By Zach Matthews
Fly Rod & Reel’s 2014 Angler of the Year, Scott Hed, isn’t done fighting on behalf of Alaska’s Bristol Bay region. But he’s added another battle to his plate: northern Minnesota’s troubled Boundary Waters.
In a recent interview Hed said he’s involved—“strictly on a part-time basis”—with Sportsmen for the Boundary Waters. This organization is combating a series of potential open-pit copper mines proposed for the Boundary Waters.
“I hate to think of myself as being typecast,” Hed said, “and I really am not anti-mining, but I always seem to end up working on these issues.” He is quick to point out that mining does not, at least on paper, have to lead to the destruction of important watersheds. “The problem is that the mining industry has such a terrible track record—especially the big foreign conglomerates,” he said. “What are the odds that after 150 years of failures, this time they are finally going to get it right? That’s just not realistic. And especially in places like Bristol Bay and the Boundary Waters. Why take the risks there?”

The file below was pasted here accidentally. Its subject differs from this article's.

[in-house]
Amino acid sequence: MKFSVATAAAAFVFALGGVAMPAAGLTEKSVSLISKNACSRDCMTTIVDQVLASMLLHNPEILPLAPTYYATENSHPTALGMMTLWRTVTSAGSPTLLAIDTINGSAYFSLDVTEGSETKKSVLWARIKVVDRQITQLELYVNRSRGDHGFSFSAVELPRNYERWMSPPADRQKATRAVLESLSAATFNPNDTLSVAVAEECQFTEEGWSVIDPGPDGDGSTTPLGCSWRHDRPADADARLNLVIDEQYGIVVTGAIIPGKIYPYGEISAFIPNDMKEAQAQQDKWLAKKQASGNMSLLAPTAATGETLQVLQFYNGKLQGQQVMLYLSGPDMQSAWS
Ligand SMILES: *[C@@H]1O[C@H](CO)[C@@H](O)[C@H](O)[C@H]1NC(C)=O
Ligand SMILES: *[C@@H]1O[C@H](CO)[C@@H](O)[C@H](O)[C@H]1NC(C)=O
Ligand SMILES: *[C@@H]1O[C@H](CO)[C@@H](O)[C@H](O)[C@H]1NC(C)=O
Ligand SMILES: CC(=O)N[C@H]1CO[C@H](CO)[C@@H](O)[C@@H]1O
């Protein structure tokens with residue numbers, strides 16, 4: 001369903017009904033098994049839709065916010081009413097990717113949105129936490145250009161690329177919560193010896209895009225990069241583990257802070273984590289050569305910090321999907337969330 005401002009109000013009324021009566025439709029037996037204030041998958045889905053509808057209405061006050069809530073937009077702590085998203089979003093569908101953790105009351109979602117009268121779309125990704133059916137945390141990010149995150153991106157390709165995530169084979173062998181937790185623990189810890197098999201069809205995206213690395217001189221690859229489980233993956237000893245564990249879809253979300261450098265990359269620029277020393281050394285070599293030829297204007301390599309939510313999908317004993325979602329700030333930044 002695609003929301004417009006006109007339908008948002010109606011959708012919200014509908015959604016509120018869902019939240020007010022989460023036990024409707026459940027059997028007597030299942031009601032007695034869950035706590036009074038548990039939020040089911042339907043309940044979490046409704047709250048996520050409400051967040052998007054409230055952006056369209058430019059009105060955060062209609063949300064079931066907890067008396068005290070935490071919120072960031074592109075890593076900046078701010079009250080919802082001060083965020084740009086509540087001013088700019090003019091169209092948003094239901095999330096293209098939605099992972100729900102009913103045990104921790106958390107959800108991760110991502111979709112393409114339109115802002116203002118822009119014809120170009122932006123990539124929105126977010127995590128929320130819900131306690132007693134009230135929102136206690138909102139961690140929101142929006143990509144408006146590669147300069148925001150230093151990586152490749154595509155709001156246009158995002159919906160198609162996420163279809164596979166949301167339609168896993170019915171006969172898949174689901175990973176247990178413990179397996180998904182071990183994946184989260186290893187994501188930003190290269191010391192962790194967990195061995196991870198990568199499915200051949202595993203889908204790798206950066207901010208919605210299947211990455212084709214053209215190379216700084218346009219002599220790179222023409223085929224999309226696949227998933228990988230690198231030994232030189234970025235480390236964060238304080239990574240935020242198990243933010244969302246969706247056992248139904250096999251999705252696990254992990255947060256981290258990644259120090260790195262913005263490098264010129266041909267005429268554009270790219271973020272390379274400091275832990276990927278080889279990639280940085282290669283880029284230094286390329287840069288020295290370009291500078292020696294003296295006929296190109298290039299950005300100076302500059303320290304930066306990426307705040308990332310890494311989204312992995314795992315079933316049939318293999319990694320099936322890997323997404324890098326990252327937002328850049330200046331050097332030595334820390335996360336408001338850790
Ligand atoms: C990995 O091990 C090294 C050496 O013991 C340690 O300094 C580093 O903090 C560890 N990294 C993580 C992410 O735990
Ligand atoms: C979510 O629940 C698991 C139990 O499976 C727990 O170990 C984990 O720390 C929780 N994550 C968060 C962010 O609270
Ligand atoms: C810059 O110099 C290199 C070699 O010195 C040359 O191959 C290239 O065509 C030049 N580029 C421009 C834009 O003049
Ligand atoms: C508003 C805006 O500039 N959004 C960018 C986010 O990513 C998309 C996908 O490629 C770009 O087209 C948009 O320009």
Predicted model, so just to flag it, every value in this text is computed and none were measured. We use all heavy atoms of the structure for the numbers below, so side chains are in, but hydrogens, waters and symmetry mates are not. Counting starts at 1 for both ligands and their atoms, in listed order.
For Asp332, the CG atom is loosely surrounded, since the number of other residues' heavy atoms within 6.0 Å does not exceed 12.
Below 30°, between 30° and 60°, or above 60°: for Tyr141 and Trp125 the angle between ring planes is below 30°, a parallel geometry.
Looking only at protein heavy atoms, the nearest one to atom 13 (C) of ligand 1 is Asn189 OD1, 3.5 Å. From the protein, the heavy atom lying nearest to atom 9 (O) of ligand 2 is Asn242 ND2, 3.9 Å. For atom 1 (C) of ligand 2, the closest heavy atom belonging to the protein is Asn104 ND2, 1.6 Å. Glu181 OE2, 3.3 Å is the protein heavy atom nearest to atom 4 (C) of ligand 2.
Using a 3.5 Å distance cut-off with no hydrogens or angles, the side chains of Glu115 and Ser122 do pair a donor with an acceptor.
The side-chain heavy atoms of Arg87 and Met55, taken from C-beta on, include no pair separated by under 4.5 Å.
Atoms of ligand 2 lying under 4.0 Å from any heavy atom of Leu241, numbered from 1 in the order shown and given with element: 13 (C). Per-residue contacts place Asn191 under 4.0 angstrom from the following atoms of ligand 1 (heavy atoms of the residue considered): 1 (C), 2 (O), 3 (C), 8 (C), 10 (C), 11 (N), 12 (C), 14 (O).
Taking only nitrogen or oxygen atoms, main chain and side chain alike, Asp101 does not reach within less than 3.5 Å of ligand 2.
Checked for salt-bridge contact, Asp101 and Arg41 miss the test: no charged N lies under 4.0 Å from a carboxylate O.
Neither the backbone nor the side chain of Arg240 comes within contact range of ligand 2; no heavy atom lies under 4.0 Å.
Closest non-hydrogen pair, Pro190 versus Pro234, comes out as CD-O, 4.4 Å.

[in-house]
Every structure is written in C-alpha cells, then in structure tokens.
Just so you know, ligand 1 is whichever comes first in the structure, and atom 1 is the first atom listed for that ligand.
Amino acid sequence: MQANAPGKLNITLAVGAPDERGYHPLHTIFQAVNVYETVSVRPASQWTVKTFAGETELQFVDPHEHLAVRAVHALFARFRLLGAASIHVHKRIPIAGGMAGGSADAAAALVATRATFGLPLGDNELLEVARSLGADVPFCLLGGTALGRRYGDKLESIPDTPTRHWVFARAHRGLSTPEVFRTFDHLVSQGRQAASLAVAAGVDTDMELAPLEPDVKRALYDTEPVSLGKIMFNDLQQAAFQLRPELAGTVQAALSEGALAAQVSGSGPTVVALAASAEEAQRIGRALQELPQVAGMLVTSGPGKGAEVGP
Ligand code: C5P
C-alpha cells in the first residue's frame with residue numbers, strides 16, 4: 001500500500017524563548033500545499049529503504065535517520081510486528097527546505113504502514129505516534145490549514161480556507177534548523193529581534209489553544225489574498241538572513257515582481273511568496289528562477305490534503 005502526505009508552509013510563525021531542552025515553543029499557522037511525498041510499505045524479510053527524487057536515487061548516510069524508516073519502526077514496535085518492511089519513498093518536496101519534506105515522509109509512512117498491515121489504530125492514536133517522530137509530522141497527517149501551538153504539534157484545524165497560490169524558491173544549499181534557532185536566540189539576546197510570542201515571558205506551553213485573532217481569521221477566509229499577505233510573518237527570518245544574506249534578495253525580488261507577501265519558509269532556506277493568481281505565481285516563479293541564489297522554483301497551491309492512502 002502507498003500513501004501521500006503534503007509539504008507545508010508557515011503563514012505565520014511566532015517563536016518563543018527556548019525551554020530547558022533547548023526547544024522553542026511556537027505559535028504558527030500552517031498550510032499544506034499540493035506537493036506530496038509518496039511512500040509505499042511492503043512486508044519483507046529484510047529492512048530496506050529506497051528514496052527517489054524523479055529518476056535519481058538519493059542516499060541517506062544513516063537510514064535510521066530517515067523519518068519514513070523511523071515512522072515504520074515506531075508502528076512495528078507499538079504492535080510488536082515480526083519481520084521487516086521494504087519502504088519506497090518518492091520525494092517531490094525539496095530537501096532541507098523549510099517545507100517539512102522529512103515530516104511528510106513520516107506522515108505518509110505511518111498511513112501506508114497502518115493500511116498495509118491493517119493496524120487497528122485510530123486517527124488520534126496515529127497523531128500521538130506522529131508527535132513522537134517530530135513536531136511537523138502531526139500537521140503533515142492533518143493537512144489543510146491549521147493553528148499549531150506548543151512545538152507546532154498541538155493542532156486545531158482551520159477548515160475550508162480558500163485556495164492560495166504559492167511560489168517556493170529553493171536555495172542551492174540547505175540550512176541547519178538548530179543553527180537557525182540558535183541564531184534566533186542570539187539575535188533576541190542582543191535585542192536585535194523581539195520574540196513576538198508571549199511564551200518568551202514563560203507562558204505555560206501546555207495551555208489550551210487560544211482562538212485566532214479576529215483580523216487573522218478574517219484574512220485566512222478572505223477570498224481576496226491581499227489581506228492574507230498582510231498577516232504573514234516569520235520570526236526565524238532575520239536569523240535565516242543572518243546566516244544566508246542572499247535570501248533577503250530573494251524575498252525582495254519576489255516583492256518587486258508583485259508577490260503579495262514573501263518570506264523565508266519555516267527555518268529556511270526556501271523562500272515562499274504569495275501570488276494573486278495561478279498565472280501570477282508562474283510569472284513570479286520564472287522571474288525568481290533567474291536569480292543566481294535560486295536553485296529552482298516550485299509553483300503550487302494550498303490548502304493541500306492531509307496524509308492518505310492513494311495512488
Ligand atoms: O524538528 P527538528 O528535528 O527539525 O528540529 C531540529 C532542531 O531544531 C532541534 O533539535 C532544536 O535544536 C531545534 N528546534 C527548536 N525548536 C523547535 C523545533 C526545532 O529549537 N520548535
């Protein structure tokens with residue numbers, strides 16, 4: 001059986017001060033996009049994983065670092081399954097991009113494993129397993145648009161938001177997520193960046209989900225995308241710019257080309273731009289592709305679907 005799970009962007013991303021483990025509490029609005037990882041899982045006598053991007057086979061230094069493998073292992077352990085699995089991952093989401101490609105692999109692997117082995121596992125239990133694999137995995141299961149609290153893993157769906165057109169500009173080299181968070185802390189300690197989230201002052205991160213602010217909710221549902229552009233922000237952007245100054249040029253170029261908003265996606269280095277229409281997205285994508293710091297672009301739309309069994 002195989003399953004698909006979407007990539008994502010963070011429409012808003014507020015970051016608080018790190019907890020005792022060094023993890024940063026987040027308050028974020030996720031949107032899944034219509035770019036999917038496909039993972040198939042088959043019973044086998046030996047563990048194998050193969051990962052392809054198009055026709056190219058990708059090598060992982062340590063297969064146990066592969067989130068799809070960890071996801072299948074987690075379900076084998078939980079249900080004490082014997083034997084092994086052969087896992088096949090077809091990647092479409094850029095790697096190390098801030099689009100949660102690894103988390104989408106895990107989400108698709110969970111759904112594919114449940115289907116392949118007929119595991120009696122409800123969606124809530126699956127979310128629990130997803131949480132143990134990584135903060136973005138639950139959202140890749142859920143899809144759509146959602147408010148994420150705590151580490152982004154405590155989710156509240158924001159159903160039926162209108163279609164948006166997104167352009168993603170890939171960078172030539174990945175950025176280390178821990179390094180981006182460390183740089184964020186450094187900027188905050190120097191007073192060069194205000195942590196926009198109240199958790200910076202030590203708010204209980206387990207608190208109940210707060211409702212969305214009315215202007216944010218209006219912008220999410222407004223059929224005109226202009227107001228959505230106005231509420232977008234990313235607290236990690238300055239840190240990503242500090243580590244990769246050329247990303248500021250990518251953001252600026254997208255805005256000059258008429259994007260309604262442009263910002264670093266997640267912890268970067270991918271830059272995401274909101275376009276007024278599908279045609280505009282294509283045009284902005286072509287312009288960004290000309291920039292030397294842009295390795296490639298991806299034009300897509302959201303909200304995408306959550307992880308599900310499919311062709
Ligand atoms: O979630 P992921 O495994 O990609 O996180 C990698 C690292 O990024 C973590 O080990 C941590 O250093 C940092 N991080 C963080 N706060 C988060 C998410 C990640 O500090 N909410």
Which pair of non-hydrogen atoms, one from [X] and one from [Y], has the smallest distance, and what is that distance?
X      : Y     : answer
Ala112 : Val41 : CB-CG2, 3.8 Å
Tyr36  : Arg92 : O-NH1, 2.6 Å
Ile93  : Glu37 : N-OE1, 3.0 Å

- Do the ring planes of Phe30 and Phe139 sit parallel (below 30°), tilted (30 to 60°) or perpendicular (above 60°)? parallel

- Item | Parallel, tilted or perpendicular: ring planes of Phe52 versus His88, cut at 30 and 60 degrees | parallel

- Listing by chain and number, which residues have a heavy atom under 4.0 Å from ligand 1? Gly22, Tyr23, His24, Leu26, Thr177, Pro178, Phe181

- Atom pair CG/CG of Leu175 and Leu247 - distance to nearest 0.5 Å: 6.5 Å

The proposed Boundary Waters-area mines would be constructed near the small town of Ely, which is where Hed’s family spent parts of every summer during his youth. Although not on the scale of Alaska’s proposed Pebble Mine, many of the details are familiar: large deposits of low-grade copper with high sulfide content, meaning acid mine drainage would be an inevitable byproduct of the operations. This potential industrial wasteland would be situated in the headwaters of the Rainy River Drainage Basin, which includes the Boundary Waters Canoe Area Wilderness (the most-visited unit in America’s Wilderness system); Voyageurs National Park; Quetico Provincial Park (in Canada); and, eventually, Lake of the Woods. The region is not known as the Land of 10,000 Lakes for no reason: All area waterways are essentially interconnected, meaning one unchecked source of pollution could have massive region-wide impacts. The area is one of the most-visited fishing destinations in the country.
Hed points out another reason why he resists these mines: “By leaving some areas unmined, we preserve important resources for the future, when mining technology may have improved enough to get [materials] out of the ground safely. Copper prices are low right now. What’s more important? The financial well-being of a Chilean mining company or the natural resources enjoyed by the anglers and hunters who support the strong local tourism economy?”
For more information about the proposed Boundary Waters mining projects, visit www.sportsmenfortheboundarywaters.org. For an update on the fight against Pebble Mine, visit www.sportsmansalliance4ak.org.